As an avid film binger, Leonard Baby doesn’t have to look too far for references to paint. He scours The Criterion Collection in search of classics to watch on his laptop, pausing his cursor on overlooked moments in films that most would ignore. He does so to bring a suspended drama to these otherwise innocuous scenes, his eye often drawn to romantic comedies that circulated his childhood in the early 2000s: ‘Mean Girls’, ‘The Parent Trap’, ’Princess Diaries’, among others. In every composition, the protagonists’ identities are concealed, as expressive hands always loom over the paintings. When displayed together, with their exacting pastel tones and repeated panoramic scale, they read as one circuitous scene played through the lens of a single director’s vision.
Inspired by some of his favourite still life painters – , and – Leonard attends to chiaroscuro with meticulous dexterity, the abundance of thin painted flecks on skin bringing to mind the fishes scales in Manet’s banquet scene. Or, drawing parallels with Weyant and Serebriakova’s painted assemblages, the subtle white daubs of light caught on glassware is reflected in Leonard’s, too. He works quickly, using acrylics in favour of oils due to their speedier drying time. Painting to Leonard takes on a diaristic sensibility, each composition absorbing his filmic interest at the very moment they were made like daily evanescent thoughts marked on a page.
Leonard associates his colour palette with Looney Tunes cartoons of the 1940s, the pastel tones casting his paintings under an incongruously animated light. He appreciates artists who similarly suspend quotidian scenes in dramatic ways: in painting of a bar scene, the group’s clothing is achieved in bright swathes of primary colours, Katz sparing overly-ladened detail to achieve contour and shadow; or in composition of a window, the lurid red from behind punctures the ochre folds of the curtains in a harmoniously discordant way. You’ll notice how in most of Leonard’s paintings, we witness the goings-on of many debauched dinner parties. Either the tables are immaculately awaiting the reach around of a glutinous hand, or in the midst of being consumed. They exude satire too, as most of the food and drinks for films would have been rendered inedible in favour of dramatic effect.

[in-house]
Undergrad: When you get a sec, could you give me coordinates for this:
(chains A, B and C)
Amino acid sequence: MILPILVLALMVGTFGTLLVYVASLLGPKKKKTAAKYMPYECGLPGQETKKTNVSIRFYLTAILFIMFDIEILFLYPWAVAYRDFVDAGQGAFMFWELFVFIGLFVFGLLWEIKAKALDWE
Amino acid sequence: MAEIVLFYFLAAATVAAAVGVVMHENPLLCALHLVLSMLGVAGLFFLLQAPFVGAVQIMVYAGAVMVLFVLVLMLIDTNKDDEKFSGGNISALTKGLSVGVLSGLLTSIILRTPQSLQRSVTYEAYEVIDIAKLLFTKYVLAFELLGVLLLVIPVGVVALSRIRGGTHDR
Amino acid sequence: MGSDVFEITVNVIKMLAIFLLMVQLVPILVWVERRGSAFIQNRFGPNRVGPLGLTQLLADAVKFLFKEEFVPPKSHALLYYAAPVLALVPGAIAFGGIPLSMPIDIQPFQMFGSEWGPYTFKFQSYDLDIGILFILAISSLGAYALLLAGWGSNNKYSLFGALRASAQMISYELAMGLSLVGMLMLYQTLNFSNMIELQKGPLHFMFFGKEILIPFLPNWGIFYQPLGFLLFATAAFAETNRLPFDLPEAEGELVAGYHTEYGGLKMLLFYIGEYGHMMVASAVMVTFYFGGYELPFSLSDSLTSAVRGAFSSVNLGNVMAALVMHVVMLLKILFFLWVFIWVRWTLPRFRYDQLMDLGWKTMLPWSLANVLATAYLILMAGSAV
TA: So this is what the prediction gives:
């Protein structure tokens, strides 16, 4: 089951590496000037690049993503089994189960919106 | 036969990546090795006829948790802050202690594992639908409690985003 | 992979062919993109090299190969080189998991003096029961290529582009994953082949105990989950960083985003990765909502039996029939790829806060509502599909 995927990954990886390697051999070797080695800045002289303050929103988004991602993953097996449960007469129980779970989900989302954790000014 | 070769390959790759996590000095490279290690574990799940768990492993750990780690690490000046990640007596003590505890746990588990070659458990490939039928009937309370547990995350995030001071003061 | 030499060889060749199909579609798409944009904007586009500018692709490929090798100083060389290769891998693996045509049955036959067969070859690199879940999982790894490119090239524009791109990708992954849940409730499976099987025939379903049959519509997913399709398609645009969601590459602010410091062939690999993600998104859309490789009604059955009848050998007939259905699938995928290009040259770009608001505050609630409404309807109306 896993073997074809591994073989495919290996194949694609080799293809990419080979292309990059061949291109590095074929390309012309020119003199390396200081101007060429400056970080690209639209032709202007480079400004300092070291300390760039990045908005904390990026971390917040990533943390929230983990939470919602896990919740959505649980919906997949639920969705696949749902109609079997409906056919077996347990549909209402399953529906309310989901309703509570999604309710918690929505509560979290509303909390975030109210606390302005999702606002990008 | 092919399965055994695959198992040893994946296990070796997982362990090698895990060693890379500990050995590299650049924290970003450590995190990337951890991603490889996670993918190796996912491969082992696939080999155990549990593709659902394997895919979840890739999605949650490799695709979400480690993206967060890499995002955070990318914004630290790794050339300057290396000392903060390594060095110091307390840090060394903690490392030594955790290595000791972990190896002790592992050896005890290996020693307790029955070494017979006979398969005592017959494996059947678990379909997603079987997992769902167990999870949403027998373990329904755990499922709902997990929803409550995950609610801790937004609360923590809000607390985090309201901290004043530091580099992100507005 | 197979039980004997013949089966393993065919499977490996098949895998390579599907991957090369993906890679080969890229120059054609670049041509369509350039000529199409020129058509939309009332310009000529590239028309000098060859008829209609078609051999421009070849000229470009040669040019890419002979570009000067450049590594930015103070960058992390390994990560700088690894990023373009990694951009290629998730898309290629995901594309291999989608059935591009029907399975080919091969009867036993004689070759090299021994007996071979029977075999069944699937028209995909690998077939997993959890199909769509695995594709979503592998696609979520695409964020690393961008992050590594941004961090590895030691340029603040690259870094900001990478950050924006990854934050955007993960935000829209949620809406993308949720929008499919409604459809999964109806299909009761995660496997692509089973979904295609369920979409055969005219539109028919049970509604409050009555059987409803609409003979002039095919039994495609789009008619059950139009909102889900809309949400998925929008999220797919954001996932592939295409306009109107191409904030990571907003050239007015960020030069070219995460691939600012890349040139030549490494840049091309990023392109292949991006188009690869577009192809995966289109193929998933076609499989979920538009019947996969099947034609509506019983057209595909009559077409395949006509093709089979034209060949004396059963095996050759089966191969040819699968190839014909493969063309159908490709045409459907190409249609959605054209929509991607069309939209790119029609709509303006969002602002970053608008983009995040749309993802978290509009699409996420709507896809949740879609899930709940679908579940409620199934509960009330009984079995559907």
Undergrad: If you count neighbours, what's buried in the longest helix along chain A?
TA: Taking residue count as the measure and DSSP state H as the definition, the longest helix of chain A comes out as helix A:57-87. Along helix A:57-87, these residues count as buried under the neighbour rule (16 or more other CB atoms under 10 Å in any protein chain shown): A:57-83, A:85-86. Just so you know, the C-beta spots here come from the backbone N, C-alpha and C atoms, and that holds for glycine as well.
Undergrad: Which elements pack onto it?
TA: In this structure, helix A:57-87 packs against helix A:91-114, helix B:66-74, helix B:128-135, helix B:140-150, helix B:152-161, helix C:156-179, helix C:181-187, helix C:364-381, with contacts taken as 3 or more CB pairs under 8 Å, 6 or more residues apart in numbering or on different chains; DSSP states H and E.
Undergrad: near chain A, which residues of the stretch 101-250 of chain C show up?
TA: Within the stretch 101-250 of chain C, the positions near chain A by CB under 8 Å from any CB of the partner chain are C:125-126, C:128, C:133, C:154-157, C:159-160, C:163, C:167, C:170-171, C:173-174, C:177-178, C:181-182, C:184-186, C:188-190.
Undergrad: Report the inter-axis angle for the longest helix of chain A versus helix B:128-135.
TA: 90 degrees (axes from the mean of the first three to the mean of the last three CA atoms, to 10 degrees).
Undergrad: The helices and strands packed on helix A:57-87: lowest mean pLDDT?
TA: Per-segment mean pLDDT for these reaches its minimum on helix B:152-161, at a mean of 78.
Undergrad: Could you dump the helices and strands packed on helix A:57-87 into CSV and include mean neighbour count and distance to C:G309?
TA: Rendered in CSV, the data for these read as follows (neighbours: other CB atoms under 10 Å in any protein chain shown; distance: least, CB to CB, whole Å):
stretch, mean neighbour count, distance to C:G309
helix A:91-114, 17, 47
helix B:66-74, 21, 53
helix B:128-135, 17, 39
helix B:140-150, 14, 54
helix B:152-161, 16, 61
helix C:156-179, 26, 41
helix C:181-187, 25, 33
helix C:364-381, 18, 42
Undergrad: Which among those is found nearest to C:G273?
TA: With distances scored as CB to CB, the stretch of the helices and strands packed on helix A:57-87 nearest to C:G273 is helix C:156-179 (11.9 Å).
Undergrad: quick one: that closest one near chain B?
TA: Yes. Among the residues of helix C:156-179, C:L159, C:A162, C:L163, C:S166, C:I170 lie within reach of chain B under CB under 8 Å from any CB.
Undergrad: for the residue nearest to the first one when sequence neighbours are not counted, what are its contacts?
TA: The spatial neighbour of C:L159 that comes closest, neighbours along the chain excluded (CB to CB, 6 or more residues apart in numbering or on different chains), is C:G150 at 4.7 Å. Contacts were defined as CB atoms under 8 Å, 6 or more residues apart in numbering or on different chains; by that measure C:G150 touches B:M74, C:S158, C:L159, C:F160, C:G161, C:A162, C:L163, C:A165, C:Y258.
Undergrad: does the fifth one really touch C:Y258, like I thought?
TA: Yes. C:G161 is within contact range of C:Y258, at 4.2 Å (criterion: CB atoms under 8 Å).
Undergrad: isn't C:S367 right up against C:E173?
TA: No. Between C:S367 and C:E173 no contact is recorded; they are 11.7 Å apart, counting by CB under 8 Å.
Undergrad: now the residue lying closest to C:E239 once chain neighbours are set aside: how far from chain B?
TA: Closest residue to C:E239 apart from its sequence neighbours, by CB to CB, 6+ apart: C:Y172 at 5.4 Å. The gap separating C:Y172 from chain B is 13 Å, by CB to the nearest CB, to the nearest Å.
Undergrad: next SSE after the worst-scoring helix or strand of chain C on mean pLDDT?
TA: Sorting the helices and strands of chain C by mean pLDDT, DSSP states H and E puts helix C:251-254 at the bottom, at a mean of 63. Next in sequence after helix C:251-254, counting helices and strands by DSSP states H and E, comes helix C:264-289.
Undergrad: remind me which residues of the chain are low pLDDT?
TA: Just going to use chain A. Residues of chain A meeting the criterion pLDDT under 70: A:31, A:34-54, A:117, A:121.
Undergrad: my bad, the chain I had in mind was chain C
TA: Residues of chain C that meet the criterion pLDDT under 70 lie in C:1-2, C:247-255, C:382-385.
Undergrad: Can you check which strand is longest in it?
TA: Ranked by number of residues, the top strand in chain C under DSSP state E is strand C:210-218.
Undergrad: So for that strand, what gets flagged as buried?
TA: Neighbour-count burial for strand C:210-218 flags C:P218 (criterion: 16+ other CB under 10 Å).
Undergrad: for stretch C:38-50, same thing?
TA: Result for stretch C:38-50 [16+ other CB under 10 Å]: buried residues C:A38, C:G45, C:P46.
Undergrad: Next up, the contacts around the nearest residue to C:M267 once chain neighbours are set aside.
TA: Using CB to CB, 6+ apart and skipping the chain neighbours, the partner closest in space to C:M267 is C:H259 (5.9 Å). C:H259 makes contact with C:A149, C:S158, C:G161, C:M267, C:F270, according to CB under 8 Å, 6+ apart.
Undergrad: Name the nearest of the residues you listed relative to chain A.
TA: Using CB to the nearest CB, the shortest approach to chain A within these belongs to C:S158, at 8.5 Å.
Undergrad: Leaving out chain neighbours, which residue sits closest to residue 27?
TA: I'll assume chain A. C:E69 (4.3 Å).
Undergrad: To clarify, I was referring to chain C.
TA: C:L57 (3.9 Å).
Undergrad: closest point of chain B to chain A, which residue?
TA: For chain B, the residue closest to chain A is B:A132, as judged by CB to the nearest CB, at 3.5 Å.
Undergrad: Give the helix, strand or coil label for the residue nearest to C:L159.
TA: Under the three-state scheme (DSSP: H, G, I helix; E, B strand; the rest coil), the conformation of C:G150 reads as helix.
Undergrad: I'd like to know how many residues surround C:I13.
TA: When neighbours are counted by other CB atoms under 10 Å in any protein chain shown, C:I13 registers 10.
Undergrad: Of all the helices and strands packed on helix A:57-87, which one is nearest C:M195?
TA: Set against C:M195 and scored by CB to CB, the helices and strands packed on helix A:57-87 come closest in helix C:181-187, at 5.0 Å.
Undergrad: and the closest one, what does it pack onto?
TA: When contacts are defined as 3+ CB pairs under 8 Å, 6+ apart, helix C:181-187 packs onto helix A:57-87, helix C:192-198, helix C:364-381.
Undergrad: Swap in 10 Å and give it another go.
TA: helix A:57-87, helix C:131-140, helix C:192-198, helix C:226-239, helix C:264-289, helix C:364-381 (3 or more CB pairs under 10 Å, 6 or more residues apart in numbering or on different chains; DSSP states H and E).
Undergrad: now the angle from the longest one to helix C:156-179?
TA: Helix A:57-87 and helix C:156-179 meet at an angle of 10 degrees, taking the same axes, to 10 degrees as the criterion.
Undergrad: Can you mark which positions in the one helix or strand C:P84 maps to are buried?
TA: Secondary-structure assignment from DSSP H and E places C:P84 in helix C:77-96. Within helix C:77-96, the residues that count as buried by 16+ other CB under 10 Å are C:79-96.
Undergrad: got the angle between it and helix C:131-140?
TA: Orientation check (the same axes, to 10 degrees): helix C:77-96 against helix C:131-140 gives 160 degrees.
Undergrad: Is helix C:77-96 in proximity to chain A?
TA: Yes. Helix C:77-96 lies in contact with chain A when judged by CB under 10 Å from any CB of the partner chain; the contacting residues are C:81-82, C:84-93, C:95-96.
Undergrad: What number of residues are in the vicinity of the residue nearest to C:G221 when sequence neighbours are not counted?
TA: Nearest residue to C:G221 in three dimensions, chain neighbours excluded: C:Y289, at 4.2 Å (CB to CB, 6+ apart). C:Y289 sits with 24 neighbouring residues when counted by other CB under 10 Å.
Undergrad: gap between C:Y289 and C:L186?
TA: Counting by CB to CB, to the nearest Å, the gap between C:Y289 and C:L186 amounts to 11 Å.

He’s always searching for suspense. Quite often ominous scenes descend into humdrum normality as the characters are devoid of visible expressions and features. painting of a vacant scene from Disney classic ‘Lady and the Tramp’ often comes to mind when he’s pondering plot shifts, the crossroad emptied of all presence – or, similarly in lesser known pencil study of a window at dawn, the ruffled curtains seem as if they were grasped only moments before. And as your eyes slowly pan across a room of Leonard’s paintings, each disparate scene connects as if in one long film – a dinner table, a hotel room – encouraging us to fill the gaps of apprehension he leaves ajar.
Leonard Baby (b.1996, Manitou Springs, Colorado). Selected Exhibitions include: ALL SMALL, Pamela Salisbury Gallery, Hudson, NY (2022), Eccentric Spaces, The Artist Room, London, England, (2022), I Am American, Kutlesa Gallery, Goldau, Switzerland, (2023), Leonard Baby Loves You, Fortnight Institute, New York, NY (2023), Time, Pablo's Birthday (2023), New York, NY (2023).